Thoughts on Part I of Adam Johnson’s The Orphan Master’s Son (by Bethany)

cover image of the orphan master's son

At first my plan was not to write a progress report on this book, since there are all kinds of complexities going on and I am not 100% sure what is “real” (within the framework of the fictional novel) and what is not. But this book is just too good to keep quiet about, and the idea of trying to capture it in a single review is daunting. Today I’ll focus on Part One, which is 177 pages long and titled “The Autobiography of Jun Do.” I’ll close with some speculations about where Part Two is going, at least as far as I can discern on page 249.

The orphan master’s son of the title is Pak Jun Do, who grew up in an orphanage. His mother was beautiful (which, because the novel is set in North Korea, means that at some point after Jun Do’s birth she was kidnapped by the government and taken to Pyongyang to become an actress or singer). Jun Do’s father was so devastated by the loss of his wife that he 1) became a drunk and 2) applied for a job as an orphan master so that his son could be raised among orphans. His rationale is that if his son blends in with the orphans, he will not have to confront the daily shame of having his wife taken away from him. This sounds like spotty logic to me, but it worked for him.

Like just about every other subgroup in North Korea, orphans are stigmatized and abused. They are not given names of their own, but instead are assigned one of 114 pre-existing names belonging to “Grand Martyrs of the Revolution.” This assignment of special names for orphans reminds me of the designated names for “bastards” in the Game of Thrones series. Both systems seem to have similar purposes: to mark these individuals as “different” and/or shameful not just in person, but administratively as well. In the North Korea of this novel, orphans are reviled because they did not grow up with their parents and therefore were never taught the concept of loyalty. The state believes that orphans under duress will always sacrifice others to save themselves because they have never experienced parental love and self-sacrifice. Jun Do, of course, is not an orphan, but because he grew up with orphans and is named after one of the Grand Martyrs, he carries the stigma of orphanhood just the same. As the son of the orphan master and the oldest “orphan “in the unit, Jun Do has the job of assigning these names to the orphans as they arrive. He also assigns each orphan to his sleeping arrangements and does other administrative tasks for his father, who is usually drunk. When orphans are “adopted,” it is usually by factories, and you can guess how that turns out. In the meantime, “anyone who could feed the boys and provide a bottle for the Orphan Master could have them for the day” (8), so Jun Do and the rest of the orphans get farmed out to do all kinds of grisly tasks, like filling sandbags, breaking the ice off the river, and shoveling up the chemical waste from paint factories. When Jun Do is grown, he is required to join the army and becomes a “tunnel soldier, trained in the art of zero-light combat” (9). He and the other tunnel soldiers are taught that their enemies – mainly the South Koreans and the Americans, although vague references to “imperialists” could mean others as well – are weak because when they fight in tunnels they use headlamps and/or night vision goggles, and the North Koreans are the only true heroes because their tunnel soldiers are trained to fight in pitch dark without any equipment (when the reality is that their army can’t afford lights and night vision goggles because they spend too much on bubble bath and prostitutes for the Dear Leader – but I digress). This experience of fighting for one’s life in pitch darkness is, of course, a metaphor for everything else that happens in this novel and in North Korea in general.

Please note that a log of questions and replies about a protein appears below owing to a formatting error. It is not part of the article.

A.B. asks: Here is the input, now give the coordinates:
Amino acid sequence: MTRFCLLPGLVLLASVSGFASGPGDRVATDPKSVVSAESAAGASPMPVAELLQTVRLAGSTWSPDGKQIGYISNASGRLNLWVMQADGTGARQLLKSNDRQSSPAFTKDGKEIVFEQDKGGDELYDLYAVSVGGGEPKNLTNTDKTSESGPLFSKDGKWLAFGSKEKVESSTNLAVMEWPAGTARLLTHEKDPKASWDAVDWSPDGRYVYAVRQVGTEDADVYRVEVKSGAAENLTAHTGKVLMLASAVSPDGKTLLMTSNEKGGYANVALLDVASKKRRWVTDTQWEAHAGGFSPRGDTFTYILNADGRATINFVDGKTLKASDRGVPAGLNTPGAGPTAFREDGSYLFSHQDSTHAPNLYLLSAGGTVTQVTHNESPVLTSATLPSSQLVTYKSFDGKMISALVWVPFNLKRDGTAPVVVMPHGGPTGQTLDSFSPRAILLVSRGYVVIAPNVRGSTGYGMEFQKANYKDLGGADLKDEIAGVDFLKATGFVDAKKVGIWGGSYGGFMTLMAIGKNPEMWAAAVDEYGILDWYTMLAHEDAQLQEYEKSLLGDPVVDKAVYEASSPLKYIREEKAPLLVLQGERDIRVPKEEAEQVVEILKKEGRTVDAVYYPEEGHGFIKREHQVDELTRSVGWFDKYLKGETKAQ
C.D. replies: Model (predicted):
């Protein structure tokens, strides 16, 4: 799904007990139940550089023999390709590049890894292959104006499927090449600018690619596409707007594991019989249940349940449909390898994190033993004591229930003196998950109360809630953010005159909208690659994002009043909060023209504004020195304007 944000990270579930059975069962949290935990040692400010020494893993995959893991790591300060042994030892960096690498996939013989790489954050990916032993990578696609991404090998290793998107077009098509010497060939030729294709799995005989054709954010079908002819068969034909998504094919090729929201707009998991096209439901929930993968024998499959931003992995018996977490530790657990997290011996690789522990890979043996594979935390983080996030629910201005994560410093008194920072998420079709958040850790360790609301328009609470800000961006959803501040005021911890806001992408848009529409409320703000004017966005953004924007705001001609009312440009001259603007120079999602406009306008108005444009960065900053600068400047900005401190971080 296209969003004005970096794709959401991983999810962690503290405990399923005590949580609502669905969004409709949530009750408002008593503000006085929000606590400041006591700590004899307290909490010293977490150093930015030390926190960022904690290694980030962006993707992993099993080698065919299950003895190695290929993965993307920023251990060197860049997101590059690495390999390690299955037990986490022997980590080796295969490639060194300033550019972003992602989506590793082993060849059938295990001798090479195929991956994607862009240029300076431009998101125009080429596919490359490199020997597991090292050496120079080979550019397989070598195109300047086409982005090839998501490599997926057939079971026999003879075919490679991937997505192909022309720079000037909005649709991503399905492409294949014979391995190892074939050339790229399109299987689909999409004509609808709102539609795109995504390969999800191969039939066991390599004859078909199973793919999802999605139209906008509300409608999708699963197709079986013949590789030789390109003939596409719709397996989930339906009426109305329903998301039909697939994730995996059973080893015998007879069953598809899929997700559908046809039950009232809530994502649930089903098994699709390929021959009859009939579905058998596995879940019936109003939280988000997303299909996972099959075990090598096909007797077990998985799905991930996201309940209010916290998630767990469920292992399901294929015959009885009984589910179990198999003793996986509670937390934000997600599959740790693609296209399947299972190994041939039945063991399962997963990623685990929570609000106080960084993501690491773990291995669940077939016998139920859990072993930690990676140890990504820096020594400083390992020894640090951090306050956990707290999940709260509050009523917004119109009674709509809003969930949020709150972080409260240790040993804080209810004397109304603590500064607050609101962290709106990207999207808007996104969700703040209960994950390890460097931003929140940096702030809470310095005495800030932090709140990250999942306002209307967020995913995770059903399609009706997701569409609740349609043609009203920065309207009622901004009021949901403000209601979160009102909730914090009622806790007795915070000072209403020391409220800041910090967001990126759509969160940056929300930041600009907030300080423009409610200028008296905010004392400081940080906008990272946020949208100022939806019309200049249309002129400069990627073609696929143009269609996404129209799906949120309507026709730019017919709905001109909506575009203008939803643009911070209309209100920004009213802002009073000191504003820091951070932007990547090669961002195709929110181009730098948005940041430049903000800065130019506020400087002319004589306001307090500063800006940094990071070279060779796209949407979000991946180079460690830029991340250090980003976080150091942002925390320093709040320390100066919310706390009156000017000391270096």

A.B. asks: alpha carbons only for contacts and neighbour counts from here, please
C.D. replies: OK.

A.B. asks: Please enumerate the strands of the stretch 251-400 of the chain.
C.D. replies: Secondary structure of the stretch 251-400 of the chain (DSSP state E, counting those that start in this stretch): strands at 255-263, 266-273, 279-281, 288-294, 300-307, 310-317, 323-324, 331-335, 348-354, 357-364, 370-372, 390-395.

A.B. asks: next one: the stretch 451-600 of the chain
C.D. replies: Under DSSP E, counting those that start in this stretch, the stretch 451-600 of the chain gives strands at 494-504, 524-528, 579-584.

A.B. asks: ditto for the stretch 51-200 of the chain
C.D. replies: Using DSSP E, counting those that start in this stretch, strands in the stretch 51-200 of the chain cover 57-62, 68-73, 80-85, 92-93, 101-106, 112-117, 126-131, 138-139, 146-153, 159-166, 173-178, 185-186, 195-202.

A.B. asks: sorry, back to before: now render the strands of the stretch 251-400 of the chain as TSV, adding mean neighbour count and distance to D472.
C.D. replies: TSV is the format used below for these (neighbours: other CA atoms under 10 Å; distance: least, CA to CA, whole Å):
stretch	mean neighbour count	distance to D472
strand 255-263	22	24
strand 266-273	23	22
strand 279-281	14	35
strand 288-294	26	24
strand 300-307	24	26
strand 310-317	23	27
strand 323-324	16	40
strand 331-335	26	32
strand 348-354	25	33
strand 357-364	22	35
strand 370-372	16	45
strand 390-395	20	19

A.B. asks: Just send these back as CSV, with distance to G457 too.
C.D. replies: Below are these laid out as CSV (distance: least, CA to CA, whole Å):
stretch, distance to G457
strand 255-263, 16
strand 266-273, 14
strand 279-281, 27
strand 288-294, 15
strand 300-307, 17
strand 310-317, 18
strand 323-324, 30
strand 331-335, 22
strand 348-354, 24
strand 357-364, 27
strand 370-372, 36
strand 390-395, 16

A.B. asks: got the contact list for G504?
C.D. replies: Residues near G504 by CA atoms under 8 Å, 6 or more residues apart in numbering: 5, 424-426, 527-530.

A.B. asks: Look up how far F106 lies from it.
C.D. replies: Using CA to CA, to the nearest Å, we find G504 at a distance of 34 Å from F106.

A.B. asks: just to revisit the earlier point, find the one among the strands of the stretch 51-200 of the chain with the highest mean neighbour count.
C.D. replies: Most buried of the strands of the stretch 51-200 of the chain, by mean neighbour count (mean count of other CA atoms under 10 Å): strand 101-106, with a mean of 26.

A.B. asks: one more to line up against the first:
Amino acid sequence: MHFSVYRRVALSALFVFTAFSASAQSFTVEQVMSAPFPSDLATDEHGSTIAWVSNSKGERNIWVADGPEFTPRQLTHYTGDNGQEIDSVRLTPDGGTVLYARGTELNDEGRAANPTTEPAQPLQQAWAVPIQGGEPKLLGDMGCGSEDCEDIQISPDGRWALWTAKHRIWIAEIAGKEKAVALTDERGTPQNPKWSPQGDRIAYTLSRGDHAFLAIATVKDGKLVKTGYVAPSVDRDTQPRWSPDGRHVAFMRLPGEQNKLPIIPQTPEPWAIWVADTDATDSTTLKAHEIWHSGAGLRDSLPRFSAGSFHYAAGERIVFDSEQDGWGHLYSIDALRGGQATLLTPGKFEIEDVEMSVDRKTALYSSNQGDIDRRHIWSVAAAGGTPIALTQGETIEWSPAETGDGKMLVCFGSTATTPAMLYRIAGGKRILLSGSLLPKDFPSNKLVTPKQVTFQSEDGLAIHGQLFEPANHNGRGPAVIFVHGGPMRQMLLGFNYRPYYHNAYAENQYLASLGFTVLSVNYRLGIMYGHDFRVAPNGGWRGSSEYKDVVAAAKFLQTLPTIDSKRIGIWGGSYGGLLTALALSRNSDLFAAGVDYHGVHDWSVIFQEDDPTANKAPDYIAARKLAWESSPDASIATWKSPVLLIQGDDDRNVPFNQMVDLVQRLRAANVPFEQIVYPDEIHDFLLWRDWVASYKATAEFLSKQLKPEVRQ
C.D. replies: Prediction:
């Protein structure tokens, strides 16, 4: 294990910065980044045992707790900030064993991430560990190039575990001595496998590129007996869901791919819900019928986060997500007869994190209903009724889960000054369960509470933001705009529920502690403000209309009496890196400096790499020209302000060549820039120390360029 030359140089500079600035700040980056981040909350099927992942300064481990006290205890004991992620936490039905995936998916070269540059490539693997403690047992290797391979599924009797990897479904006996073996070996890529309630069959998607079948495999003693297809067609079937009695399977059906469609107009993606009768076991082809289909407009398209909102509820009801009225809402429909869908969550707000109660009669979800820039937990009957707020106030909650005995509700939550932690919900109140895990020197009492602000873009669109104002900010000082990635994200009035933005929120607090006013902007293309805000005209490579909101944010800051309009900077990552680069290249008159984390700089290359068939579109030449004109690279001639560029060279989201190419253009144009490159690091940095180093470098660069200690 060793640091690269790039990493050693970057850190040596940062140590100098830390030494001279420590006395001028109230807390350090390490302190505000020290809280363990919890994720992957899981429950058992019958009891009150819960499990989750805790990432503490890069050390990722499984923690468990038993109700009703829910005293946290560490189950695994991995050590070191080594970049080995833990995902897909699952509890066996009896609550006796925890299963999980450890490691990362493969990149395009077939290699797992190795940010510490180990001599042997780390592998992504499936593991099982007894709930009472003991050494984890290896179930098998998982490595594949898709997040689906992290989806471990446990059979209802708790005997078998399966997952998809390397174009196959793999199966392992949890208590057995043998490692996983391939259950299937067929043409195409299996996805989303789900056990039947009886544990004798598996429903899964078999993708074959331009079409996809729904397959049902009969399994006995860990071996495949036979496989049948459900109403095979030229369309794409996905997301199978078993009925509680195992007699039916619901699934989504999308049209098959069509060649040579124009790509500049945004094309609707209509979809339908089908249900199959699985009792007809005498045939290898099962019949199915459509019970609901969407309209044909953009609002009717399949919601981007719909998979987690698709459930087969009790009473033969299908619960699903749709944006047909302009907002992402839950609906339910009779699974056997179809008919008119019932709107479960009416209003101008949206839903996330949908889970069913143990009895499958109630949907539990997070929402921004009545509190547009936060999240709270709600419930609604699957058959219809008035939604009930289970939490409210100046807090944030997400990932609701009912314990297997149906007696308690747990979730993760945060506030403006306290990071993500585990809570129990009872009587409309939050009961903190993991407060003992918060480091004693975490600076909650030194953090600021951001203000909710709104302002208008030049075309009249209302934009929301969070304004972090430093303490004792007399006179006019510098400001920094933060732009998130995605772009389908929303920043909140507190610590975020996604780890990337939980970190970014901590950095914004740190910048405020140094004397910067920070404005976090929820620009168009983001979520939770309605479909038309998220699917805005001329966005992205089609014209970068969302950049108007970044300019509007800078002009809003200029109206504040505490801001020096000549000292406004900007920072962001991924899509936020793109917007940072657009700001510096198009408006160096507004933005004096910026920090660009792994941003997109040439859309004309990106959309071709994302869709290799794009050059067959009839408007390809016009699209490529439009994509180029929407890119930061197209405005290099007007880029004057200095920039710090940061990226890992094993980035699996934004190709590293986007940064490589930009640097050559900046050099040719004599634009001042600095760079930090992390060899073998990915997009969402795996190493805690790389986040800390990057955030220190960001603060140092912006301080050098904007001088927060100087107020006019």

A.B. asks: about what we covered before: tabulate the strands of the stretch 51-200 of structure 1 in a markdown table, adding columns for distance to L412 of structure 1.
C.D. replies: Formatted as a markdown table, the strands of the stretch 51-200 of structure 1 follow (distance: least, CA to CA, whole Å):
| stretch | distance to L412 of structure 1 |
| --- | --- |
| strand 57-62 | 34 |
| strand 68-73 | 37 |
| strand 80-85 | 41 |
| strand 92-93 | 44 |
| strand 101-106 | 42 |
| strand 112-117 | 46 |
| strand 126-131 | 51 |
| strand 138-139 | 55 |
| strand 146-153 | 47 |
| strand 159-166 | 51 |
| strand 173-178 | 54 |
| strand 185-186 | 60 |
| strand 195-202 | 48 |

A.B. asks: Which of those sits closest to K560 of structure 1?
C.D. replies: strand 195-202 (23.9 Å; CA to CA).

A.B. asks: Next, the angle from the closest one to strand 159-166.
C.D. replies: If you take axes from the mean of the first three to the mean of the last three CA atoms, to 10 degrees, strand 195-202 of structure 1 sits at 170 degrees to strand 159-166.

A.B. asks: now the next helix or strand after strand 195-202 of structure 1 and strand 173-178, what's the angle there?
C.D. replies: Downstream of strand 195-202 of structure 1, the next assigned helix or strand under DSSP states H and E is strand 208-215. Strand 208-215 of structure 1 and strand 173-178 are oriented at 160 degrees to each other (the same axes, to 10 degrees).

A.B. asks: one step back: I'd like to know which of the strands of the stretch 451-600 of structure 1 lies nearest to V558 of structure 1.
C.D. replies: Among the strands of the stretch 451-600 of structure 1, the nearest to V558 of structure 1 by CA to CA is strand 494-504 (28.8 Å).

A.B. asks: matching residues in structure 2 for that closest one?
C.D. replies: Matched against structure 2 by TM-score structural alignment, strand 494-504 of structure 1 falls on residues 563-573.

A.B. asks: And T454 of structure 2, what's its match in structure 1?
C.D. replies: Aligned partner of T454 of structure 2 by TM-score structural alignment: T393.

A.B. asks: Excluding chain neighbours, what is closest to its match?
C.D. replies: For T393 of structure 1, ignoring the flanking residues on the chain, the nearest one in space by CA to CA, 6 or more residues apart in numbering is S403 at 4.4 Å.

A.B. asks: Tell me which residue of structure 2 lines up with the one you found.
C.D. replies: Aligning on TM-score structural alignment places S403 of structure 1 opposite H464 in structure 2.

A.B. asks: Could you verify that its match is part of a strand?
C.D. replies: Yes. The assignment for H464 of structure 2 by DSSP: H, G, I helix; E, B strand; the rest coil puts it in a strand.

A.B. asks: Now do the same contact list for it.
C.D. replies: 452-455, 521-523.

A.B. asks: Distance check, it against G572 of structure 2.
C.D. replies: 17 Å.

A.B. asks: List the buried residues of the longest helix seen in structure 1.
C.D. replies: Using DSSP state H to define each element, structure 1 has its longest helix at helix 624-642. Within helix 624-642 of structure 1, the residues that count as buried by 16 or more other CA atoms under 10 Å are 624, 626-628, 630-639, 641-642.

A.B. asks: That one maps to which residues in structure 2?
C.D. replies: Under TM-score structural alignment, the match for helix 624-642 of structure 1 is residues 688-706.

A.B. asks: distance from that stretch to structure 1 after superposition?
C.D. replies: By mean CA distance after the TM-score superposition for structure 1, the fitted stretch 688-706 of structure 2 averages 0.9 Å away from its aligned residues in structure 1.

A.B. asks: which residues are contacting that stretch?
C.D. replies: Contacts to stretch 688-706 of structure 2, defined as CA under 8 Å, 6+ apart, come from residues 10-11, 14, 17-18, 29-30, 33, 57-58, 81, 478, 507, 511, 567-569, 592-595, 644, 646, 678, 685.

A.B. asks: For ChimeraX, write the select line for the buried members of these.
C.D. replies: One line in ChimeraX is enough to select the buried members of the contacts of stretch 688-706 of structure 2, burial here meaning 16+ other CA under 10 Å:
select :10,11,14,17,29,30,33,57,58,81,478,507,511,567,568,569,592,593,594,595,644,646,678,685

One day, without warning, Jun Do is told that he is no longer a tunnel soldier. His new job is to sneak into neighboring countries (usually South Korea and Japan) to kidnap beautiful women, who will be taken to Pyongyang to be singers or actresses (or, I assume, prostitutes). He is vaguely aware that he is participating in the same process that stole his mother away from him, but he never considers the possibility of refusing this assignment or subverting the process in some way. Among this novel’s many strengths is the way Johnson renders Jun Do’s state-inflicted disordered thinking.

Jun Do does well at his new kidnapping job and is sent to language school as a result. Language school is considered to be the pipeline to a cushy assignment – or at least to an assignment as cushy as assignments can get in the North Korean army. He studies English and is trained to operate radio equipment, and his job is to monitor radio frequencies on the Pacific Ocean. He is assigned to a small fishing boat called the Junma. On the ship he has a tiny windowless room filled with radio equipment, and at first he doesn’t have much contact with the other personnel on the ship. This isolation is yet another manifestation of the symbolic resonance of Jun Do’s earlier career as a tunnel fighter. Jun Do tends to get insomnia (I can’t imagine why) and often stays up late listening to frequencies other than the one he is assigned to monitor. In particular, he is captivated by two American women who are rowing across the Pacific Ocean. One woman rows all day, and then her partner rows all night, and they broadcast updates about their experiences at regular intervals.